Watch that stinger, if you can...
One of the fastest biological
processes known to man — that of the jellyfish sting — now has been
captured on camera. Thomas W. Holstein and his colleagues at the University of
Heidelberg in Germany recently recorded the phenomenon.
Organisms in the phylum Cnidaria have nematocysts,
or stingers, that contain a mixture of hemolytic and neurotoxic poisons. The toxins
can be discharged with a pressure of about 15 MPa, enough to penetrate even the
thick outer shells of a crustacean and to cause a great deal of pain.
The tentacles of a polyp Hydra contain hundreds of painful stinging
nematocysts. Researchers studying the sting process found that the nematocystscan
accelerate millions of times faster than gravity and that they generate 7 GPa of
pressure upon impact, roughly equivalent to that produced by some bullets. All of
this occurs in 700 ns.
The researchers studied the cnidarian
Hydra oligactis and H. vulgaris, whose tentacles have hundreds of
nematocysts each. They cultured the tentacles at a temperature of 18 ±1 °C
and placed them on a slide attached to two gold or aluminum electrodes spaced 1
cm apart. The electrodes produced an electronic pulse of 0.4 kV/m, 50 to 100 μs
long. This pulse, for the experiment, triggered the nematocyst discharge.
A schematic of a nematocyst shows the steps involved when a jellyfish
stings its prey (A). Nematocytes comprise a cyst (pink) that contains a minicollagen
wall, a tubule and a hatchlike opening from which stylets (black) eject, piercing
the prey (A, left). A two-photon micrograph (A, right) shows microtubules anchoring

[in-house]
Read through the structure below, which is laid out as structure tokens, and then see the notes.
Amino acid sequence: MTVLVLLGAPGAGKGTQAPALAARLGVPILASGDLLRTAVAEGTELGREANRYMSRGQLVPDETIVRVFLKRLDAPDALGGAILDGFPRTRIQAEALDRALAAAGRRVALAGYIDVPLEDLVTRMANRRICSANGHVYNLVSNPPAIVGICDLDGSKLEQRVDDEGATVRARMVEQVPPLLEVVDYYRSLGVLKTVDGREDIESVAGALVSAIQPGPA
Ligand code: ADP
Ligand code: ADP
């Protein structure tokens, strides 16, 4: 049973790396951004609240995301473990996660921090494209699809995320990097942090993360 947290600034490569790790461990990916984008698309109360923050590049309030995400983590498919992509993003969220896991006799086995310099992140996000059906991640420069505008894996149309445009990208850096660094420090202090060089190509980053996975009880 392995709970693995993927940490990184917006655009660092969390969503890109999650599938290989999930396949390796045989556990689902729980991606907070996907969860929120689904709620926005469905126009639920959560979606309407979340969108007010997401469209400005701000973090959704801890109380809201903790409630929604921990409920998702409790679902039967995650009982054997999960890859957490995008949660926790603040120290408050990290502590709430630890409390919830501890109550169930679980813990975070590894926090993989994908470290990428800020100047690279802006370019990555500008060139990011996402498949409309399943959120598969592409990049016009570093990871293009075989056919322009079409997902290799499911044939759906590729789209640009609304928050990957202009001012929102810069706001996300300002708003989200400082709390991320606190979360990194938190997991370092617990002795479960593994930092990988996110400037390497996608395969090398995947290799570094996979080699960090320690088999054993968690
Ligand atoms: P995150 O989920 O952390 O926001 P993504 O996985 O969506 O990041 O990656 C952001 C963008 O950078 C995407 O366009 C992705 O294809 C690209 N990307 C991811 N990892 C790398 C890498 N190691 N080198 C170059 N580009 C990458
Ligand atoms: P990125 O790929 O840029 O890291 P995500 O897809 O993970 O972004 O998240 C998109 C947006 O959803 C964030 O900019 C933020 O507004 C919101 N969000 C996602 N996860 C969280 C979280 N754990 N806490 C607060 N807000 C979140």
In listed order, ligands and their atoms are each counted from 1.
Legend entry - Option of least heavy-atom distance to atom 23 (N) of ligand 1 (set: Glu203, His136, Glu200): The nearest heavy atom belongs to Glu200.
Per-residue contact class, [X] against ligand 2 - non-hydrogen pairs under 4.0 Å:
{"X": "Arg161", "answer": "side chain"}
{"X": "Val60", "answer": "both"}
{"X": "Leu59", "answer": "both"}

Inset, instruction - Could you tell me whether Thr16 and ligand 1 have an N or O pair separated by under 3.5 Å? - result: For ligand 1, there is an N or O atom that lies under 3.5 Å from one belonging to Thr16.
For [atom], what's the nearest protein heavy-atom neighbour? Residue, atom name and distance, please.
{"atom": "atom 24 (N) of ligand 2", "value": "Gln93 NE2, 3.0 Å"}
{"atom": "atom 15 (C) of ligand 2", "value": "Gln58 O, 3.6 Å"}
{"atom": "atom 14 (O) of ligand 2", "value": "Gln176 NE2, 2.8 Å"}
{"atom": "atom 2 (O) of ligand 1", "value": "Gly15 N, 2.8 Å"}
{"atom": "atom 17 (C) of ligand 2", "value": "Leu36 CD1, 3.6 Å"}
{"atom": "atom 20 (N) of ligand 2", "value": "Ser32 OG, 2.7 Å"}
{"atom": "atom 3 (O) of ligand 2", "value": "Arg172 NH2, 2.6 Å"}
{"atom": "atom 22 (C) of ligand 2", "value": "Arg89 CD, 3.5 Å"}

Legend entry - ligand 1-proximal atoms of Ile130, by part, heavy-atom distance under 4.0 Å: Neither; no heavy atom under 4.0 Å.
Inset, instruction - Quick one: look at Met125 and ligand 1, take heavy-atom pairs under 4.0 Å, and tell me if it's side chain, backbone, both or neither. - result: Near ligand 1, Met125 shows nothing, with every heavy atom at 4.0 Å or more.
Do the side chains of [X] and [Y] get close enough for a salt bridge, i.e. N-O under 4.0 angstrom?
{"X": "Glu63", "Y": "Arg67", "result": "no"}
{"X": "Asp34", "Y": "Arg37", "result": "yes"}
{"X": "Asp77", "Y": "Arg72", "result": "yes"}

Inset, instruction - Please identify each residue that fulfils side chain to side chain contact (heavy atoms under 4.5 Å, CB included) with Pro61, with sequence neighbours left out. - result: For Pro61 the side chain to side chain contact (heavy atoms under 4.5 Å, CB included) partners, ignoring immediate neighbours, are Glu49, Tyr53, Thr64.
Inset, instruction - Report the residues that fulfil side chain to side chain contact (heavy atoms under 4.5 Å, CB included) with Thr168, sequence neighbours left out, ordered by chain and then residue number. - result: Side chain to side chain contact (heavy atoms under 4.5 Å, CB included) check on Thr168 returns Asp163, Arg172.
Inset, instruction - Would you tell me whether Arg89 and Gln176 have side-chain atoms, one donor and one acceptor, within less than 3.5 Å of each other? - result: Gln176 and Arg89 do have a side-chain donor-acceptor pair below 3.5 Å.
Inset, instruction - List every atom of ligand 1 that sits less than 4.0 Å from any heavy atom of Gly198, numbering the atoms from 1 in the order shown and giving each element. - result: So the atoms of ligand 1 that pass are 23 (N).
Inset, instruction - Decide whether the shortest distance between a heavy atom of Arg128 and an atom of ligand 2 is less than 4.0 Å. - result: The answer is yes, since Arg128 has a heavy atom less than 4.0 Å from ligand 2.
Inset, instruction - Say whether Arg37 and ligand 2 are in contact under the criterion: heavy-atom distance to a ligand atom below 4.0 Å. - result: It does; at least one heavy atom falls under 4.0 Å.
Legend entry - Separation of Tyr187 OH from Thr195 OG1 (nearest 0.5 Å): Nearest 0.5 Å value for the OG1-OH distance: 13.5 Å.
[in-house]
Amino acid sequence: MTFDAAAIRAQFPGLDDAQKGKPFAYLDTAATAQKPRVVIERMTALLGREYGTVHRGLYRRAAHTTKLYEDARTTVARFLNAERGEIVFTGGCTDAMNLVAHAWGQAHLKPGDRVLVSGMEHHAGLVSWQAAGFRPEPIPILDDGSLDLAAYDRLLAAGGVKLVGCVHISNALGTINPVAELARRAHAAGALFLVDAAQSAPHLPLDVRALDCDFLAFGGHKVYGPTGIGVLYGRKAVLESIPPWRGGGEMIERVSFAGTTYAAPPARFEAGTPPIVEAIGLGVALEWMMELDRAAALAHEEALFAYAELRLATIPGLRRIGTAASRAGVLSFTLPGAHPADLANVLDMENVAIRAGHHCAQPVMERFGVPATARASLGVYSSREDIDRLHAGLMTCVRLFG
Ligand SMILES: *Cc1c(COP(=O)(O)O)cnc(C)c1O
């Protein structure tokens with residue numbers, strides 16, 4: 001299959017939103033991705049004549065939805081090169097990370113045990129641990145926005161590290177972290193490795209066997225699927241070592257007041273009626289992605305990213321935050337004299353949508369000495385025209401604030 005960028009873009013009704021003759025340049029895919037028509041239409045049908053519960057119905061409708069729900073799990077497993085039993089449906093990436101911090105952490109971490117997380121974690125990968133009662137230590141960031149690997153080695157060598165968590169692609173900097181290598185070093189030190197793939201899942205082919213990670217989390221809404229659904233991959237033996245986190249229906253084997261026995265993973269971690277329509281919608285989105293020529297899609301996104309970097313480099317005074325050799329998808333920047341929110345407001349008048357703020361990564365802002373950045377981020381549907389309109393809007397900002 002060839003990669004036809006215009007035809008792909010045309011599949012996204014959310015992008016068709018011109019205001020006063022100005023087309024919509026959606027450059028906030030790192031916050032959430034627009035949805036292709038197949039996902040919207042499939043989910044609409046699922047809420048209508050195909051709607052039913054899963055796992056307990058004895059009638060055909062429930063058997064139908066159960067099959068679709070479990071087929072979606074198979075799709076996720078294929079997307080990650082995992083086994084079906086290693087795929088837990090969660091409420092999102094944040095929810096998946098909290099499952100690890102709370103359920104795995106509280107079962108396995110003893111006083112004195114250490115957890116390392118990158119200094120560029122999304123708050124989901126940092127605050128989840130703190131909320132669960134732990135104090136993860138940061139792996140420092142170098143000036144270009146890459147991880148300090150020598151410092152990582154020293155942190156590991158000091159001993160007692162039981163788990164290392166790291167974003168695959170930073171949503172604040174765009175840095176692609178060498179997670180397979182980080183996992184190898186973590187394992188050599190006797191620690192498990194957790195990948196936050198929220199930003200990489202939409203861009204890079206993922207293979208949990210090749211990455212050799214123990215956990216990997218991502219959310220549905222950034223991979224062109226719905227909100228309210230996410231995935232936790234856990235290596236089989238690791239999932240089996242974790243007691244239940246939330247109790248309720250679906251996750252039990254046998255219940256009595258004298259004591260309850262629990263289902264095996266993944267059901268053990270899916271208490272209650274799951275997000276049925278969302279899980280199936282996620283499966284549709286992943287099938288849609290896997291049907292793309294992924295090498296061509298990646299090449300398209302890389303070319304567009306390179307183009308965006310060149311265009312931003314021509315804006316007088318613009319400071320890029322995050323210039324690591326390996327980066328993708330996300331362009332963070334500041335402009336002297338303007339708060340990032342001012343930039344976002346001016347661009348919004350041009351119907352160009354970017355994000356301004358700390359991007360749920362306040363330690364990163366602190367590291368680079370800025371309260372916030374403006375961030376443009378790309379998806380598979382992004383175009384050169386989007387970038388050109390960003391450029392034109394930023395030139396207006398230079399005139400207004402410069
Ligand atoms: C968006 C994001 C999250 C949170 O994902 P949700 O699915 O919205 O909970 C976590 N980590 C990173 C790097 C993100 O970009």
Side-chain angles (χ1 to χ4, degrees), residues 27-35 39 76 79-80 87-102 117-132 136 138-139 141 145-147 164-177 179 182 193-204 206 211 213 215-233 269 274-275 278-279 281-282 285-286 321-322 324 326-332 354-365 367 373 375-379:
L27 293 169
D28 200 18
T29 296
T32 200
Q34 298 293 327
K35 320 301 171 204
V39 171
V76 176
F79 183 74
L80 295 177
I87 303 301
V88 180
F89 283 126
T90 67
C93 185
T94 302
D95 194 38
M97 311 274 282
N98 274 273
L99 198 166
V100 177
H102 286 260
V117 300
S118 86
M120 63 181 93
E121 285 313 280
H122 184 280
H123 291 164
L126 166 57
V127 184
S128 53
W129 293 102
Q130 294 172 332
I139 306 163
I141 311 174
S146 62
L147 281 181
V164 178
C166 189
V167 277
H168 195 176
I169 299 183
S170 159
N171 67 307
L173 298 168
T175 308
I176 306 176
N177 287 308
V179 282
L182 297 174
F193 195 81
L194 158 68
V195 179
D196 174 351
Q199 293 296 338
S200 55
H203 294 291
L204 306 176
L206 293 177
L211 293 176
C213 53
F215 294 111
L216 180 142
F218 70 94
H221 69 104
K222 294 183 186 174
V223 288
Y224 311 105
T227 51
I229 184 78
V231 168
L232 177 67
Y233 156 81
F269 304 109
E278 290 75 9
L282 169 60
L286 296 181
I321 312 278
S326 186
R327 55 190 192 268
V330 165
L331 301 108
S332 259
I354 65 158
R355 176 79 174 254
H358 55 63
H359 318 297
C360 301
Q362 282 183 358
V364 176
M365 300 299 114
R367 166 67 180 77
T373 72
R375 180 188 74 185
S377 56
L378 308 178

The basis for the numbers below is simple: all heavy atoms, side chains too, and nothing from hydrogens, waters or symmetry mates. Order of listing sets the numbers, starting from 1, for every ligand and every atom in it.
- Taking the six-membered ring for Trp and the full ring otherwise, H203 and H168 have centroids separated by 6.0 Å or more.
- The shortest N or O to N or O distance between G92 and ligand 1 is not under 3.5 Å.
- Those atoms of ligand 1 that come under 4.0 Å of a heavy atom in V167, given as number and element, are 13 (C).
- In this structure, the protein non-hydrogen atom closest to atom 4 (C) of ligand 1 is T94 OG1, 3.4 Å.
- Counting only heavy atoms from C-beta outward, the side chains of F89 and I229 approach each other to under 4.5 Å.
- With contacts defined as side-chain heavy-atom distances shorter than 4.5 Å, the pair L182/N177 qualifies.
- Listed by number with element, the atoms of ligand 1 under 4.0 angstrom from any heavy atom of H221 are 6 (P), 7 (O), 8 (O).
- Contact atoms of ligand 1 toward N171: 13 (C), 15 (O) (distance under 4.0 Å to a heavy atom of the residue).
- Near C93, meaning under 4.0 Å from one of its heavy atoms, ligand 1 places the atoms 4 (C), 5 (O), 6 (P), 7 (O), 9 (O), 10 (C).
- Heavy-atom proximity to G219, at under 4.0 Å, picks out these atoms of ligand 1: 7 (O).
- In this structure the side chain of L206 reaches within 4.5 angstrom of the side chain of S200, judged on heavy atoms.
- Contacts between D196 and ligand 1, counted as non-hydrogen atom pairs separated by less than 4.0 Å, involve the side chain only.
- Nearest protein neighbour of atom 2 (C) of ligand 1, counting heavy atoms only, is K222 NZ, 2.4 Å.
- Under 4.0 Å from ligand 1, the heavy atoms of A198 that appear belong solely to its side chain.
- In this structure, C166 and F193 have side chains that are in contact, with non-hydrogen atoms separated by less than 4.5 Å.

the capsule (tubulin antibody, green; DAPI-stained nucleus, red). A high-speed camera
in framing mode captured sequential images at 1.43 million fps; arrows indicate
progress of discharge (B). The same camera in streak mode shows, at 3-μs resolution,
the ejection of the stylets (arrow), followed by wall contraction (red circle),
a short arrest phase (red arrowhead) and tubule eversion (C). Micrograph on left
shows slit position (red brackets) during discharge. Courtesy of Cell Press.
They used a Hamamatsu framing/streak
camera, which can capture up to 1.43 million frames per second, and a cooled Hamamatsu
CCD camera. The instruments produced reliable information on the kinetics and forces
involved in the stinging process.
The investigators found that the tip
of the nematocyst travels about 13 μm in roughly 700 ns, yielding an average
velocity between 9.3 and 18.6 m/s, a final velocity of approximately 18.5 to 37.1
m/s, and a kinetic energy of approximately 0.17 to 0.7 μJ.
Via a photocathode, the camera used to capture jellyfish stings converted
photons into electrons that were accelerated by the electrodes, deflected by either
the streak or the framing deflection plates, amplified thousands of times by a multichannel
plate, and moved to a phosphor screen and converted into an optical image. Courtesy
of Cell Press.
The acceleration is more than 5 million
times greater than gravity, and the researchers believe that it is produced by vesicle
exocytosis, which releases stored energy from the contraction of the minicollagen
polymer nematocyst walls. The tip has a mass of about 1 ng and an accelerating force
of between 13.2 and 53.1 μN. It can reach its target with a pressure at the
penetration site roughly equivalent to that produced by some bullets, or more than
The results, published in the May 9
issue of Current Biology, also show that this process seems to slow as the
level of calcium ions present in the culturing medium drops.
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